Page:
THE APOLLO MURDERS by Chris Hadfield (Quercus)
Well respected veteran astronaut Chris Hadfield brings a great deal of credibility and technical detail to his first novel, The Apollo Murders (Quercus, 12 October 2021).
Set in 1973, The Apollo Murders revolves around a final, top-secret mission to the moon. Unlike the earlier missions, Apollo 18 has a special military aspect to it that could prove decisive in the Cold War space race between the United States and Russia. Only Houston flight controller ‘Kaz’ Zemeckis knows the full extent of the mission, and he is responsible for guiding the three astronauts on board the Apollo flight and making sure that its secret missions are fulfilled. After take-off, however, the mission is compromised by an unexpected development and Zemeckis has to use all his skills and wits to keep the astronauts on course, even though someone on board Apollo 18 is not who they appear to be.
The Apollo Murders did not proceed as I was expecting. I won’t go into any spoiling details, but about a third of the way in the plot takes a very unexpected turn, before speedily making its way to a neat, heart pounding conclusion.
I really enjoyed the story, which keeps you engaged throughout. The opening sections are a bit slow, with lots of technical detail, but once the mission blasts off the story really swings into gear. As with Andy Weir’s The Martian, there is a lot of fascinating information here, most of which is seamlessly woven into the story. The mystery around the potential secret bounty on the moon is well handled and Hadfield keeps playing with the reader’s expectations all the way to the end. The suspense mounts steadily over the final chapters and Hadfield cleverly pulls off a tense ending.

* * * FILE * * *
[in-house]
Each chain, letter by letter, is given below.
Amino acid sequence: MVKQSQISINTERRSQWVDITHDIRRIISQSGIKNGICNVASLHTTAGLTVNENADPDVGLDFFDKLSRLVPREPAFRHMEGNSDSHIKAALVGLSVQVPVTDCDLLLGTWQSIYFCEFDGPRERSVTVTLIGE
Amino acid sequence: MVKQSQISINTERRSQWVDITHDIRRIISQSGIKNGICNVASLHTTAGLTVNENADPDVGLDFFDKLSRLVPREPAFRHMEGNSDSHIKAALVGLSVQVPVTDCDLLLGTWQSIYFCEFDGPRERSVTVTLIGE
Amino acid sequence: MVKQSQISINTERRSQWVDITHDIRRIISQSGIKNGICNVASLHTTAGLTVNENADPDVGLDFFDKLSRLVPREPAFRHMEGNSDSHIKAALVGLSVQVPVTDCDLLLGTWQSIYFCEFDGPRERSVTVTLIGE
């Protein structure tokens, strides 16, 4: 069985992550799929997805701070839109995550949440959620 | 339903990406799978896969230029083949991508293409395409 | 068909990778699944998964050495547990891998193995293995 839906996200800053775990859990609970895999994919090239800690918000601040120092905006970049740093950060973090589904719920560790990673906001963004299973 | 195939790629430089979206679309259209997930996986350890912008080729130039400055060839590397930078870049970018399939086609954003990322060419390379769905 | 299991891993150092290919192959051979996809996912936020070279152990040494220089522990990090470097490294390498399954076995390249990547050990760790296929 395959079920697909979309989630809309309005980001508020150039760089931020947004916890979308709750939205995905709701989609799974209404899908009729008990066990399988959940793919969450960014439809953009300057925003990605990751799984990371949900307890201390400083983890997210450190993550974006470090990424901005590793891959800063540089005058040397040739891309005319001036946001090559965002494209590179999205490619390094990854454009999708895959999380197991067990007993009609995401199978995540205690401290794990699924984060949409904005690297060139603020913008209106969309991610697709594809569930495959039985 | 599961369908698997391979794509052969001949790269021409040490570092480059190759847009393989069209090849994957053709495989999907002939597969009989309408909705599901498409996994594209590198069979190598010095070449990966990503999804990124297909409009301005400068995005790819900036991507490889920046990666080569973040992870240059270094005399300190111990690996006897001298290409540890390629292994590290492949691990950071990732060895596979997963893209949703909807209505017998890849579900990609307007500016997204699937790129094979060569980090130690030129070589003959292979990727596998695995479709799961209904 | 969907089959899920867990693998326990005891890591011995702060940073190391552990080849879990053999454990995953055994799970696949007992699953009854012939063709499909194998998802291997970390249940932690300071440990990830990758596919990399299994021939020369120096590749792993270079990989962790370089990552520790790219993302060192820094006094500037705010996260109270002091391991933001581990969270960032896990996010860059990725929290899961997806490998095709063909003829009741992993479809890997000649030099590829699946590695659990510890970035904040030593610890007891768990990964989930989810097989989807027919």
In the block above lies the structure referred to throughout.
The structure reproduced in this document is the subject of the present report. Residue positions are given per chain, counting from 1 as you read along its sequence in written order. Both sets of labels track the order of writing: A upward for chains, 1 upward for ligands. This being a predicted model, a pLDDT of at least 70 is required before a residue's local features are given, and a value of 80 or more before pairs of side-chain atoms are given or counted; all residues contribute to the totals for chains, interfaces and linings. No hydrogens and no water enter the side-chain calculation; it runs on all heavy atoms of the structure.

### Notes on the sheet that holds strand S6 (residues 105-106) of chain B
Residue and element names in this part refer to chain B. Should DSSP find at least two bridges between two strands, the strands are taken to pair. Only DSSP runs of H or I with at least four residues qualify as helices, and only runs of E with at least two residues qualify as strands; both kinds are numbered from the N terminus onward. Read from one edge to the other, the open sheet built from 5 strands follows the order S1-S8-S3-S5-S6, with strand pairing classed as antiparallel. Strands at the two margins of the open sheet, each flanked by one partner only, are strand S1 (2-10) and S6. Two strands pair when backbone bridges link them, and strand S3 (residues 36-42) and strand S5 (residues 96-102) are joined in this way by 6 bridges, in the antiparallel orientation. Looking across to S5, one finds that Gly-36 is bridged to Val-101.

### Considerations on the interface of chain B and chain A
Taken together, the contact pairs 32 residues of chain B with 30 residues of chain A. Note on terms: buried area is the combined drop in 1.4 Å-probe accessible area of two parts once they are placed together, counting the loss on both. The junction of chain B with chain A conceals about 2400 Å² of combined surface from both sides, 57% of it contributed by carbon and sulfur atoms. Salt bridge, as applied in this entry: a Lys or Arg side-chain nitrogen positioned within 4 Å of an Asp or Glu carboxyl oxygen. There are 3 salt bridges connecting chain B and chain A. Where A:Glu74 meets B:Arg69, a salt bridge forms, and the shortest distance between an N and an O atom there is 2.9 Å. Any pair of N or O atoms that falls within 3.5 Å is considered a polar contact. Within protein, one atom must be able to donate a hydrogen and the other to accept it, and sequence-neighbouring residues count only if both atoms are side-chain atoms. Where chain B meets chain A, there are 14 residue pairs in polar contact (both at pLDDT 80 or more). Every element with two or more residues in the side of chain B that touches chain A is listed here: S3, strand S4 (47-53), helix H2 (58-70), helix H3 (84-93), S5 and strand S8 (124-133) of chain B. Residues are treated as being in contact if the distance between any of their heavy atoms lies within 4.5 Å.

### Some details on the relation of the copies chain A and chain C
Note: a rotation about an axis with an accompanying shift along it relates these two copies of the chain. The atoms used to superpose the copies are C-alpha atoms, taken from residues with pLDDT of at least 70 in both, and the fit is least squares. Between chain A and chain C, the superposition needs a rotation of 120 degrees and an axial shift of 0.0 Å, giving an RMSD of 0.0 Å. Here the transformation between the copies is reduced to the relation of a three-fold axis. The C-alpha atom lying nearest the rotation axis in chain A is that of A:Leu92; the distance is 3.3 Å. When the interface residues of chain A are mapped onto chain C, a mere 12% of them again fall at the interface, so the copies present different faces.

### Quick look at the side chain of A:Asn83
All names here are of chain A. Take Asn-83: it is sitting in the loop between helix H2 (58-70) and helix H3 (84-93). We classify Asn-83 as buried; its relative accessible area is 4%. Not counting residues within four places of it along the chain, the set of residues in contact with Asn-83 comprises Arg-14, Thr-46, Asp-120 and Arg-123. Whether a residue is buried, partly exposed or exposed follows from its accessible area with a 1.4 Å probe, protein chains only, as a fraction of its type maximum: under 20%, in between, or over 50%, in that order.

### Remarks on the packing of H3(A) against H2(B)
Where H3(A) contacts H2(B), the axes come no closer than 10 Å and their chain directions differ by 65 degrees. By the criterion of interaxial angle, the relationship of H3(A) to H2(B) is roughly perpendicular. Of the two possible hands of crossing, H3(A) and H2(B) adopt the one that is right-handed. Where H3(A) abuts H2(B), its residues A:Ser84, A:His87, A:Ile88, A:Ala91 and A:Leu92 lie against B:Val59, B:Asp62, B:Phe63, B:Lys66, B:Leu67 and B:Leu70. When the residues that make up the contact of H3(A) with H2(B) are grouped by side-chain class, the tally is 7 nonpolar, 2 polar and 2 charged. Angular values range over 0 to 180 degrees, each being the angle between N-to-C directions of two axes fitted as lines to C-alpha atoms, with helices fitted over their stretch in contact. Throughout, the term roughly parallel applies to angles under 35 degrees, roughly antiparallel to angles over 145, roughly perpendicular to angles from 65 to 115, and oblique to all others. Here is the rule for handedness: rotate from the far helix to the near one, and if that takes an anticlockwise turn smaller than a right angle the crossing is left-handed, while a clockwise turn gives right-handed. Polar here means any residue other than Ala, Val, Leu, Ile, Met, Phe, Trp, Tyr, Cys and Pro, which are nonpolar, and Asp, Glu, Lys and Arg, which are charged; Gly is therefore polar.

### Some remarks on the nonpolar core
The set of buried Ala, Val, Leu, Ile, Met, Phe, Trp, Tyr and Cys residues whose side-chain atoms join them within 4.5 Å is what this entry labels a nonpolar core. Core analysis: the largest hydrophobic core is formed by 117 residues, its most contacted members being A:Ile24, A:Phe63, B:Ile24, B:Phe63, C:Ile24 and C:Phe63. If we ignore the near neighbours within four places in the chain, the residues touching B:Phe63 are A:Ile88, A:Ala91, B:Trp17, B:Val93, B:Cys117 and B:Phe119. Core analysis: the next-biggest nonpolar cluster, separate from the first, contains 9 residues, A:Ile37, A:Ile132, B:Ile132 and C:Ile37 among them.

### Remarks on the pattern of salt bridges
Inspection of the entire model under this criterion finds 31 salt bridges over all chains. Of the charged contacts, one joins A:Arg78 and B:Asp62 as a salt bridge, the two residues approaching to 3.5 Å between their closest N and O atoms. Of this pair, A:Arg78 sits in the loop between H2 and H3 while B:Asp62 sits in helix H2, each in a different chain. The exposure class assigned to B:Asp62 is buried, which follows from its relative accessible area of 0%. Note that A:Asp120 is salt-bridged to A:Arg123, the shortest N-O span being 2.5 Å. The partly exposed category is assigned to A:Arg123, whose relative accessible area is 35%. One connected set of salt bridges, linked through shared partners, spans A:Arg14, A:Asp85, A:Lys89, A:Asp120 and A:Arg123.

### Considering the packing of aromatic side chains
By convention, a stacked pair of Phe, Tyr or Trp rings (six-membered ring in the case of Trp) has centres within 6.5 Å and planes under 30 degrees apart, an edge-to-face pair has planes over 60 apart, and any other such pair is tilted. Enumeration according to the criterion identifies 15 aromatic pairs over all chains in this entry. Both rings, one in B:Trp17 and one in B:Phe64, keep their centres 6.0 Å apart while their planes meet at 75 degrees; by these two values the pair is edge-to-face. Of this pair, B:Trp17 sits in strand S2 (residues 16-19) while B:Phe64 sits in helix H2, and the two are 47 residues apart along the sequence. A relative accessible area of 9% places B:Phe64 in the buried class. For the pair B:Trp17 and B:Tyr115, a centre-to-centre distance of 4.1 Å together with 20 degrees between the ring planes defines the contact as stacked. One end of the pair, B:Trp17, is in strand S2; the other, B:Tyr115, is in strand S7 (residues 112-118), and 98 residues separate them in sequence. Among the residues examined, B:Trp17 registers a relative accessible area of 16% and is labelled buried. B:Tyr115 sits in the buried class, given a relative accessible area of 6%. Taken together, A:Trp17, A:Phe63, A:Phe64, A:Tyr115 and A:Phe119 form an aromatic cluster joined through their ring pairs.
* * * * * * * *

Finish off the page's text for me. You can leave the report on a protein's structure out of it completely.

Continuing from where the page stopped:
Hadfield, who was a former commander of the International Space Station, fills the book with the sort of believable detail that only an insider would know. He vividly captures what it is like to hold onto the outside of a spacecraft in motion, and the fear and thrill of re-entry. This sense of authenticity helps to ground the action elements of the story makes it seem more credible.
Those readers who do not like science fiction need not worry, The Apollo Murders never veers into weird alien encounters and the book always seems possible, with some slight suspension of disbelief.
An unusual, but very enjoyable space thriller.
Four stars out of five!
The Apollo Murders was released world-wide on 12 October 2021.
Thanks to the publishers and the Canberra Weekly for an advanced copy of the book.
Jeff, you tempt me again 😉
Lol. Hold your temptation, there are a stack of really good books coming out over the next few weeks, including new ones by Garry Disher, Michael Connelly, Alan Carter, Robert Bryndza and Christian White!